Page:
The definition of Marijuana Extract may be troubling to stakeholders in the hemp space as it does not exempt hemp under its definition. It also does not state that the extracts must come from marijuana but instead states that they are extracts from “any plant of the genus Cannabis.” There are currently hemp products that contain more than 0.3% delta-9 THC that are being sold in multiple states outside of tightly regulated state-legal systems. These products are presumptively legal to sell based on the fact that they fall under the definition of hemp, which falls outside of the jurisdiction of the DEA. As written, the Proposed Rule could be interpreted to bring those products into the purview of the DEA because they would fit the definition of Marijuana Extract, which could result in a massive shift in the federal government’s treatment of these products.

How Can the Public Comment on the Proposed Rules and Request a Hearing?

From the date of publication in the Federal Register, which is anticipated to be May 21, 2024, the public will have 60 days to comment and 30 days to request a hearing. Assuming that the Proposed Rule is published on May 21, a hearing request must be submitted by June 20 and comments must be submitted by July 20.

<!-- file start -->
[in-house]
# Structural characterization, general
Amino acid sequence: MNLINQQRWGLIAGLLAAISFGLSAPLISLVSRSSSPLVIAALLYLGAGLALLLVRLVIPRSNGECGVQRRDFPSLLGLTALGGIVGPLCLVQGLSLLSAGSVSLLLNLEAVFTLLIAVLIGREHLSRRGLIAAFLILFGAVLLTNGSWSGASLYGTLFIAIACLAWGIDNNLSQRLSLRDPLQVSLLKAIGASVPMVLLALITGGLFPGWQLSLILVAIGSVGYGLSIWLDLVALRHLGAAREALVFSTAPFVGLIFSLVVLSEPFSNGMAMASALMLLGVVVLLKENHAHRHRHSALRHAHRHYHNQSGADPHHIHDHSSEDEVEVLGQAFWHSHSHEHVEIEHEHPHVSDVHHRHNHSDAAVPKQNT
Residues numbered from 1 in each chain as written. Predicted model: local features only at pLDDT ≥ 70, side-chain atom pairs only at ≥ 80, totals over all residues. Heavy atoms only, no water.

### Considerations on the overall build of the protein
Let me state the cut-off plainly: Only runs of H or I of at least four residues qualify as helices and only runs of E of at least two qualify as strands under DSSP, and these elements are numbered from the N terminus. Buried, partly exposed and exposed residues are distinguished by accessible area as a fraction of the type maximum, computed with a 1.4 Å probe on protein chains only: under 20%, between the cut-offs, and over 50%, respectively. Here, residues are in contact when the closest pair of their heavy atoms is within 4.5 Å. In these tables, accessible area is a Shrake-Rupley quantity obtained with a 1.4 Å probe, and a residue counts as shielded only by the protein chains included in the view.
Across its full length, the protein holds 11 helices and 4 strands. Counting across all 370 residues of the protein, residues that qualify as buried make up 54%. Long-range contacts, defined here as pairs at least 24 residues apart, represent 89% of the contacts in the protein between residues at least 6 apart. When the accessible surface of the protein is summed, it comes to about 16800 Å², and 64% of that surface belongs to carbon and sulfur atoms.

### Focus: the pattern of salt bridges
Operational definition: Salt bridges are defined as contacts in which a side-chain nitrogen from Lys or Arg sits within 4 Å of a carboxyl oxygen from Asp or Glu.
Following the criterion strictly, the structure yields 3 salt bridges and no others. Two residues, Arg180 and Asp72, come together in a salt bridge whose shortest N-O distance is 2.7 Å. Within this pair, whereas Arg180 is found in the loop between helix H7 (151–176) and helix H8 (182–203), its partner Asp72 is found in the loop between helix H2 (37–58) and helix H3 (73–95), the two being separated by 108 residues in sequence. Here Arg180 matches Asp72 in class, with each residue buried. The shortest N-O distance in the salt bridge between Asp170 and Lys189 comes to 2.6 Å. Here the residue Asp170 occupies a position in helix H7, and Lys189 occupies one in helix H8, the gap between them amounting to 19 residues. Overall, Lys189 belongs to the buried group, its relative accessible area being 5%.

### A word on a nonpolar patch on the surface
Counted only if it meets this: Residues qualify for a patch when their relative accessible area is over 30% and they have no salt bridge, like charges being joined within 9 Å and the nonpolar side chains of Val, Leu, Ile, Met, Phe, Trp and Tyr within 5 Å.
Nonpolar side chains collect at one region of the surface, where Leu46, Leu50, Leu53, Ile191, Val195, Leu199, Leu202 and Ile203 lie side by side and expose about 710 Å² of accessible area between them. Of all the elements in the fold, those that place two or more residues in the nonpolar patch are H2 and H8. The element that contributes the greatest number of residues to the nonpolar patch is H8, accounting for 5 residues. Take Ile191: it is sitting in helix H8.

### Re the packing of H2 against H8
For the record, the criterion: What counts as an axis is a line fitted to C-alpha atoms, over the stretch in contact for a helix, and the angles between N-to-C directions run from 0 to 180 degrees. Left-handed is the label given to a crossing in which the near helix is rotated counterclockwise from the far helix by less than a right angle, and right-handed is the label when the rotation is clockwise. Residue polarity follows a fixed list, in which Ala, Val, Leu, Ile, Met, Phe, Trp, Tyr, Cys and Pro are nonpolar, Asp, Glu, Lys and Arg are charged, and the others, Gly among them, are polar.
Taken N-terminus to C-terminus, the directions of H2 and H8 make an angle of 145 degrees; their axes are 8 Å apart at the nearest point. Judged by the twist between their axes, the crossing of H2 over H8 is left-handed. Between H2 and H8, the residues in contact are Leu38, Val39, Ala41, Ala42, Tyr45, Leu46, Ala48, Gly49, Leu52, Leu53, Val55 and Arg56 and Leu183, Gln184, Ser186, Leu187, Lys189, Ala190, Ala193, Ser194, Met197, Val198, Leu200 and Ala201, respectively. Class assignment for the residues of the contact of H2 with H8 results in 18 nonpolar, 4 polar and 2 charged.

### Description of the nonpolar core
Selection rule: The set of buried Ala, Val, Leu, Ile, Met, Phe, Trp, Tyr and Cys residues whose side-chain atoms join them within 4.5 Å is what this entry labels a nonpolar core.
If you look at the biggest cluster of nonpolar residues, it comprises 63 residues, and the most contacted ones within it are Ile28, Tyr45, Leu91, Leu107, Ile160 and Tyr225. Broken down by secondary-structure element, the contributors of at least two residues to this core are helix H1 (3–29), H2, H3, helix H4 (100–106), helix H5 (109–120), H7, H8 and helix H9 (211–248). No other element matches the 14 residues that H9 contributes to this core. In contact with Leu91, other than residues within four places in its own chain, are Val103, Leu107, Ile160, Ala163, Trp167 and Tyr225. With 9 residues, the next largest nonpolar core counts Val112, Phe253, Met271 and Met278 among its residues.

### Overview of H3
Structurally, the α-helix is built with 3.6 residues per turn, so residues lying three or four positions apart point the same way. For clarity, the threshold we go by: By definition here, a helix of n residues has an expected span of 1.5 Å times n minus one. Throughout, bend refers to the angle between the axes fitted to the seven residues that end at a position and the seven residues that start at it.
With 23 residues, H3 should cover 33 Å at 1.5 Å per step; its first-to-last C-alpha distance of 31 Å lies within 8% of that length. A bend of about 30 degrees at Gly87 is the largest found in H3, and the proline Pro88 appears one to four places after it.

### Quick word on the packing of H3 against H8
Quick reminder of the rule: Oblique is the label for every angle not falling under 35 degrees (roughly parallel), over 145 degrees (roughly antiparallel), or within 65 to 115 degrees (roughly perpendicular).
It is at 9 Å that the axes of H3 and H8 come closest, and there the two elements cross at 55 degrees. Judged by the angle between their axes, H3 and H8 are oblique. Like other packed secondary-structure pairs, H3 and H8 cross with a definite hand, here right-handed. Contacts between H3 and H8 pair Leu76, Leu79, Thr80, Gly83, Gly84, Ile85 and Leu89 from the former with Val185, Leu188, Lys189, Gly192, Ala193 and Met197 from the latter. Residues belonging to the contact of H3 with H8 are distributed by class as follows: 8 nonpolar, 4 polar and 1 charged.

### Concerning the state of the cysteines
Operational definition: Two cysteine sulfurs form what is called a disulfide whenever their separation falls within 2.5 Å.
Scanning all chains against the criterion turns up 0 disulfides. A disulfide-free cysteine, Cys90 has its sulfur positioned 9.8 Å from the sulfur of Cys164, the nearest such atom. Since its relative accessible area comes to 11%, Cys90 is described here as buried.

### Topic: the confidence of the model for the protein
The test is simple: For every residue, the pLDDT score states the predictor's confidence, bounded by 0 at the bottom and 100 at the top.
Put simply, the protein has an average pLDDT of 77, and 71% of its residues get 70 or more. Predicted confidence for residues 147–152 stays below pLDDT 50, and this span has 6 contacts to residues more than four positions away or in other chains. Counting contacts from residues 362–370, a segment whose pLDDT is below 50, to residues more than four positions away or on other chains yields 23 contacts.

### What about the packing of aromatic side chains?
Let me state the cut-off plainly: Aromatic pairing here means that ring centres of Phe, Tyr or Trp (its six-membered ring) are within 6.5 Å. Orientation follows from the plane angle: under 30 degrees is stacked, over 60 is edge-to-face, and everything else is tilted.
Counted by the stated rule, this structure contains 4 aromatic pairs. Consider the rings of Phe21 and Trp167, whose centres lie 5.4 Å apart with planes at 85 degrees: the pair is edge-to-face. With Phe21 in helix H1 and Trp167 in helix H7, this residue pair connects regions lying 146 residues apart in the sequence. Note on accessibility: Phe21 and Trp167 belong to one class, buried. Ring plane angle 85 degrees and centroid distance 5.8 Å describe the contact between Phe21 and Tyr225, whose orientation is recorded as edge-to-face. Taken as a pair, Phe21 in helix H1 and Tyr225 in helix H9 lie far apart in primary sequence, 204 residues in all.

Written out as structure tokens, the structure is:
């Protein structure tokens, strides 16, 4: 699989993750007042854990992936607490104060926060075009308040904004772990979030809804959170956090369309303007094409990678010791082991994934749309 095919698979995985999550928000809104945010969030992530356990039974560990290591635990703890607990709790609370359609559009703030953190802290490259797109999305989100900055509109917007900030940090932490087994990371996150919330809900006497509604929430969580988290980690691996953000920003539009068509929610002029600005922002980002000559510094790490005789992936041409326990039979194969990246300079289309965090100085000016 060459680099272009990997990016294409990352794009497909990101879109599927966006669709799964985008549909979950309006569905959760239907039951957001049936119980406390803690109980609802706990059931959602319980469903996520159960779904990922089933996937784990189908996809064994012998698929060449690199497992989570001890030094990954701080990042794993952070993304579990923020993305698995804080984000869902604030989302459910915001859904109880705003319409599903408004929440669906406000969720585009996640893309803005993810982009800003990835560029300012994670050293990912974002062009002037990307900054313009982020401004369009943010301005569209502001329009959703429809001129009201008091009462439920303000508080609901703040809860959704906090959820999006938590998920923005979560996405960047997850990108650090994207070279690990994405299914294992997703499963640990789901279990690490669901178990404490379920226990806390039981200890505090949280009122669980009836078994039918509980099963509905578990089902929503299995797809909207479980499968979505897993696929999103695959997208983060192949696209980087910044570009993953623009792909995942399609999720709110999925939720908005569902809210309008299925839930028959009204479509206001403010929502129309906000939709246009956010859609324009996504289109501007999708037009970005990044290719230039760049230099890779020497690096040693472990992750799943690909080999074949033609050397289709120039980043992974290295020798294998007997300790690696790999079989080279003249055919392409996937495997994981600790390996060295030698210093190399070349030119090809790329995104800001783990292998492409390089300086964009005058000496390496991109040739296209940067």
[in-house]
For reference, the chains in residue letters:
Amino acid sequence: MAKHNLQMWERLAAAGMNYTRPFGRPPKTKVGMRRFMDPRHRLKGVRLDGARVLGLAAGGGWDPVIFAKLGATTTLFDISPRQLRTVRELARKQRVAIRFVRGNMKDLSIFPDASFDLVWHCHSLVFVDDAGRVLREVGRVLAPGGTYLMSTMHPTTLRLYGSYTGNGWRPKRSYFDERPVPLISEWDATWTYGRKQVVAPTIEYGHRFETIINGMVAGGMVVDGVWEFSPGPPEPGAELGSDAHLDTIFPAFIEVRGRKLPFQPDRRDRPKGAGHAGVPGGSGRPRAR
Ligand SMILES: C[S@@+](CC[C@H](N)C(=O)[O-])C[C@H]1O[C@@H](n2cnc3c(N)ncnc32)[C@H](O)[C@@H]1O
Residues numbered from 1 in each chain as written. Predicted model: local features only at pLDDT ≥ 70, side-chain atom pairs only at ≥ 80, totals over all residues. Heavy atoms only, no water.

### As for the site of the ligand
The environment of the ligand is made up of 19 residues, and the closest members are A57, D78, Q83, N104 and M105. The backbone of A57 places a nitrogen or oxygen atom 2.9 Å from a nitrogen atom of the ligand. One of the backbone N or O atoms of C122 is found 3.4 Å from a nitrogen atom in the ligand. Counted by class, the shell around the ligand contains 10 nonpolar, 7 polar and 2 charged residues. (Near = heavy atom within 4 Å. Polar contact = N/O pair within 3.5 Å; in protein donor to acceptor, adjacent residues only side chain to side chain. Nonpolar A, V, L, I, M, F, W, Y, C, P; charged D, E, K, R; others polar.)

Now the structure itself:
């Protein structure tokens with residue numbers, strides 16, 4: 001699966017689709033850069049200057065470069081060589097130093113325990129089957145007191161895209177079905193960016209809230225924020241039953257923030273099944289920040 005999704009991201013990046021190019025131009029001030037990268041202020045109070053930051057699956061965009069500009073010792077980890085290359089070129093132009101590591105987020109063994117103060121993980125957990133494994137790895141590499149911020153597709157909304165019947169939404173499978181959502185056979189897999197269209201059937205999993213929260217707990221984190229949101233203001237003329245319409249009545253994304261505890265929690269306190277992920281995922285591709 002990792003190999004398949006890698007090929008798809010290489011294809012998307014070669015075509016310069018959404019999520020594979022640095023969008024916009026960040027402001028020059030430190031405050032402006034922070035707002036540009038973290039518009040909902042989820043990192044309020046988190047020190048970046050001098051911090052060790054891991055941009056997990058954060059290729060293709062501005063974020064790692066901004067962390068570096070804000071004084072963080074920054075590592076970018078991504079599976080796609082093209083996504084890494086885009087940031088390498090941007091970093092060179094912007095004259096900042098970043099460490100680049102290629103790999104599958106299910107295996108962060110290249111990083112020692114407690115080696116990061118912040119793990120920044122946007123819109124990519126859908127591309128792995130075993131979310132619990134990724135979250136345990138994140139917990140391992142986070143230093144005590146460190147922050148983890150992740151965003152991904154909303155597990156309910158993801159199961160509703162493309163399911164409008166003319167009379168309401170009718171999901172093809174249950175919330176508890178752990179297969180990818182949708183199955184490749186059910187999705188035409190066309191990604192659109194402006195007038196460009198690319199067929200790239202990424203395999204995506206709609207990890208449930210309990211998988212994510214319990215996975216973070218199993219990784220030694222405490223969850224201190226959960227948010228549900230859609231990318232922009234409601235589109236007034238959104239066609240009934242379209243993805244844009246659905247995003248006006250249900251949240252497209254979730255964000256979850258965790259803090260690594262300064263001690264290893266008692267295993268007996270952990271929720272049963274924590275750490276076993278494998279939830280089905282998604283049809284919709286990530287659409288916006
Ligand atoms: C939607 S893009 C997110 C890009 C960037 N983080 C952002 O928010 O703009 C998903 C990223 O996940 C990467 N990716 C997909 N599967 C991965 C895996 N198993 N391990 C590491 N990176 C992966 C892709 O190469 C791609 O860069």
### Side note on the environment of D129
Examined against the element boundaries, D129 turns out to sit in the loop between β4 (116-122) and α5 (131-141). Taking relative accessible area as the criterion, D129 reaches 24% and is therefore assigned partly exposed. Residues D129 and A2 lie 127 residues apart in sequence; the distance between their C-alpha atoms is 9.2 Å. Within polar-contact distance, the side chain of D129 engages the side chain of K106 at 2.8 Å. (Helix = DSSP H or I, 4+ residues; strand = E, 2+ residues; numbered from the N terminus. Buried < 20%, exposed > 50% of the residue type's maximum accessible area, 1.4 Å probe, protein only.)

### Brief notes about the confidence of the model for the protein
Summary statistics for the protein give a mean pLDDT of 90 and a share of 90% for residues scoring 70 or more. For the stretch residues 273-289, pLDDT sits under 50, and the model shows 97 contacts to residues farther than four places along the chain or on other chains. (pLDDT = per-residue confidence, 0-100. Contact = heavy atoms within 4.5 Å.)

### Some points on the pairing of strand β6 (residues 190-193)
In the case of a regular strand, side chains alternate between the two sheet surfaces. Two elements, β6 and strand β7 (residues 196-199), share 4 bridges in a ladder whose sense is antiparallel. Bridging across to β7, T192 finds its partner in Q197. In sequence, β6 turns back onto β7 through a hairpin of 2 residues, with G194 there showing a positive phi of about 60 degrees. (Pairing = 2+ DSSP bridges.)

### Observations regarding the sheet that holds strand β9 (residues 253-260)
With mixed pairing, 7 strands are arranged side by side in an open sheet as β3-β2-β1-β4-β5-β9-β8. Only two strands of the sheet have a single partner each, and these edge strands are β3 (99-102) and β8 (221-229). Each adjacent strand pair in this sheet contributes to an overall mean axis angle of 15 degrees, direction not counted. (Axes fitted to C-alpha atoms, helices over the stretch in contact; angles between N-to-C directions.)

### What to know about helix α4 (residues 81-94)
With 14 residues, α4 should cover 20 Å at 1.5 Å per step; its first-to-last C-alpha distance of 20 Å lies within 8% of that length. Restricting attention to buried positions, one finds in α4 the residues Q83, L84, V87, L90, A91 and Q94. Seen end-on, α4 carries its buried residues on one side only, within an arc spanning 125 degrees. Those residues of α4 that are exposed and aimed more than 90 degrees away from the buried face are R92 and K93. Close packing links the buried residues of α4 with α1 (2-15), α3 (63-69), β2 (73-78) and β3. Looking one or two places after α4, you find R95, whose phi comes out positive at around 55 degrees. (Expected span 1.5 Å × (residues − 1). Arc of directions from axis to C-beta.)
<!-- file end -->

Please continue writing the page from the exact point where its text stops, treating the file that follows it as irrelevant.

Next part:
Comments must be submitted either electronically or postmarked by the deadline. All comments should reference Docket No. DEA 1362. Instructions on submitting public comments are available at http://www.regulations.gov. Paper comments and requests for hearings can be sent to Drug Enforcement Administration, Attn: DEA Federal Register Representative/DPW, 8701 Morrissette Drive, Springfield, Virginia 22152. A courtesy copy of any hearing request should be sent to (1) Drug Enforcement Administration, Attn: Hearing Clerk/OALJ, 8701 Morrissette Drive, Springfield, Virginia 22152; and (2) Drug Enforcement Administration, Attn: DEA Federal Register Representative/DPW, 8701 Morrissette Drive, Springfield, Virginia 22152.

Comments submitted will be part of the public record. Comments can be marked as confidential, which may prevent public disclosure subject to the Freedom of Information Act. Comments may also be submitted anonymously. Requests for hearings must include a written statement of position on the matters of fact and law asserted in the hearing.